Distance: 7 km
Elevation gain: 620 mView mapDownload GPS track
Blacksmith Ridge is the unofficial name for the ridge that lies between and slightly east of Mt. Black Prince and Mt. Smith-Dorrien. The ridge - at least the part that is accessible by snowshoe - is treeless and runs roughly east-west; it is not the prominent and oddly symmetrical treed ridge closer to the Spray Lakes road that runs north-south.
Blacksmith Ridge can be accessed from either the north or the south; we chose to access it from the south. Using this approach, the trailhead is just north of the Black Prince parking area in the small clearing with a pond. From here, head initially west across the clearing, then southeast along the frozen streambed. After a short distance on the stream (at the point where it bends left), veer southward into the forest and begin curving slowly westward. Head towards the drainage running roughly NW-SE. You want to connect up with this drainage about halfway along the "marked blue line of the stream on the topo map", for lack of a better description.
We were fortunate to have a trail to follow that was about a week old, but if this is not present navigation will become somewhat tricky. Be cautious about following trails in this area as well as a much better tracked trail heads for the lower easterly ridge. For Blacksmith Ridge, your goal is to essentially follow the east bank of the NW-SE drainage northwards to the ridge, but the route is complicated by the fact that the drainage forks, you can't yet see your destination, and the banks of the drainage are in spots very steep, making course corrections difficult. Staying too far east will either place you on top of the ridge further east - and a full 200 m lower than your intended destination - or in the gully between the two ridges; attaining Blacksmith Ridge from here would likely be difficult owing to the steep banks between the two ridges.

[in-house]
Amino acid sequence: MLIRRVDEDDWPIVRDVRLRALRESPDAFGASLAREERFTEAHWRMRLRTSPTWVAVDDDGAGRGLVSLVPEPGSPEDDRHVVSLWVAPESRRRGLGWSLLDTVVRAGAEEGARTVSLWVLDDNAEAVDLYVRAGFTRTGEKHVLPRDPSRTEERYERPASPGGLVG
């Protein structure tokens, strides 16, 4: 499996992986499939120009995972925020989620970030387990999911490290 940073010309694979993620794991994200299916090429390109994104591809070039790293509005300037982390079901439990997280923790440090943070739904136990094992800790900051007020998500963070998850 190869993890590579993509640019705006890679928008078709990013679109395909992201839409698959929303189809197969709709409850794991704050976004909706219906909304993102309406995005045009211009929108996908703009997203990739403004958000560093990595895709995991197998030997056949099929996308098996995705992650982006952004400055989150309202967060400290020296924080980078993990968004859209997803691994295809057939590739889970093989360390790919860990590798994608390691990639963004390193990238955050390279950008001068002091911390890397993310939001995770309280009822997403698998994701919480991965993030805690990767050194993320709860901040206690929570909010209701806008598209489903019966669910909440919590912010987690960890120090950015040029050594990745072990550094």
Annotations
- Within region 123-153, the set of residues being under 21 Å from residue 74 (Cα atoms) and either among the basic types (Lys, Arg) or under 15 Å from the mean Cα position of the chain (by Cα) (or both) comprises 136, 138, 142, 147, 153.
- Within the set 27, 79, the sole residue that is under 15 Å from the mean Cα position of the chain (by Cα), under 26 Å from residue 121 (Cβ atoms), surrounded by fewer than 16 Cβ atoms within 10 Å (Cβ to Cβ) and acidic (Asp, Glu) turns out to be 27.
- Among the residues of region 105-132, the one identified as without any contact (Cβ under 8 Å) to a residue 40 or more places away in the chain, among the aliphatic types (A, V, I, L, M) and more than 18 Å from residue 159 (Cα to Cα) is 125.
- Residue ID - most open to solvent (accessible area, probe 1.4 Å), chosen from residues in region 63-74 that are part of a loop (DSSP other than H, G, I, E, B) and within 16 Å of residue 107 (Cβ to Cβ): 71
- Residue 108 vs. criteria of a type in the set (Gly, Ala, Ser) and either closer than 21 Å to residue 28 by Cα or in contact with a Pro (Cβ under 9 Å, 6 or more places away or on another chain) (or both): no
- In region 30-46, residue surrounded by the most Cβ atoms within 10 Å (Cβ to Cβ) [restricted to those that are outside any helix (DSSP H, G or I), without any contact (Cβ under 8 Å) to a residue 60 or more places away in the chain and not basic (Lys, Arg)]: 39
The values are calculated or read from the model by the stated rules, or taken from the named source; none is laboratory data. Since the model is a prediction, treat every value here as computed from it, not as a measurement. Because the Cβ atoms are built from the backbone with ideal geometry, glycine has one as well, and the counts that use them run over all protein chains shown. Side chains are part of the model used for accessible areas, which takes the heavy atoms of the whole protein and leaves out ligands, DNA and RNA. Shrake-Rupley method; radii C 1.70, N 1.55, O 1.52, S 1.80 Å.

Once at the top, however, the views are quite spectacular and likely would compensate for any navigational problems en route. To the east is Kent Ridge with its many winter-accessible outliers, to the northwest is Mt. Smith-Dorrien, and to the south is the cirque below Mt. Warspite (also known as Black Prince cirque). Mt. Black Prince itself is hidden by a smaller outlier, but up close this is quite spectacular itself. A large cirque to the west of the ridge offers apparently great skiing in low avalanche risk conditions. The trees just below the ridge initially appeared to us to have been bent and damaged by avalanches that mysteriously ran in the wrong direction, but upon closer inspection we noticed that they had actually been sandblasted by northerly winds. These same winds have kept the top and north side of the ridge completely snow free this winter and we were able to eat lunch while sitting on gravel instead of snow.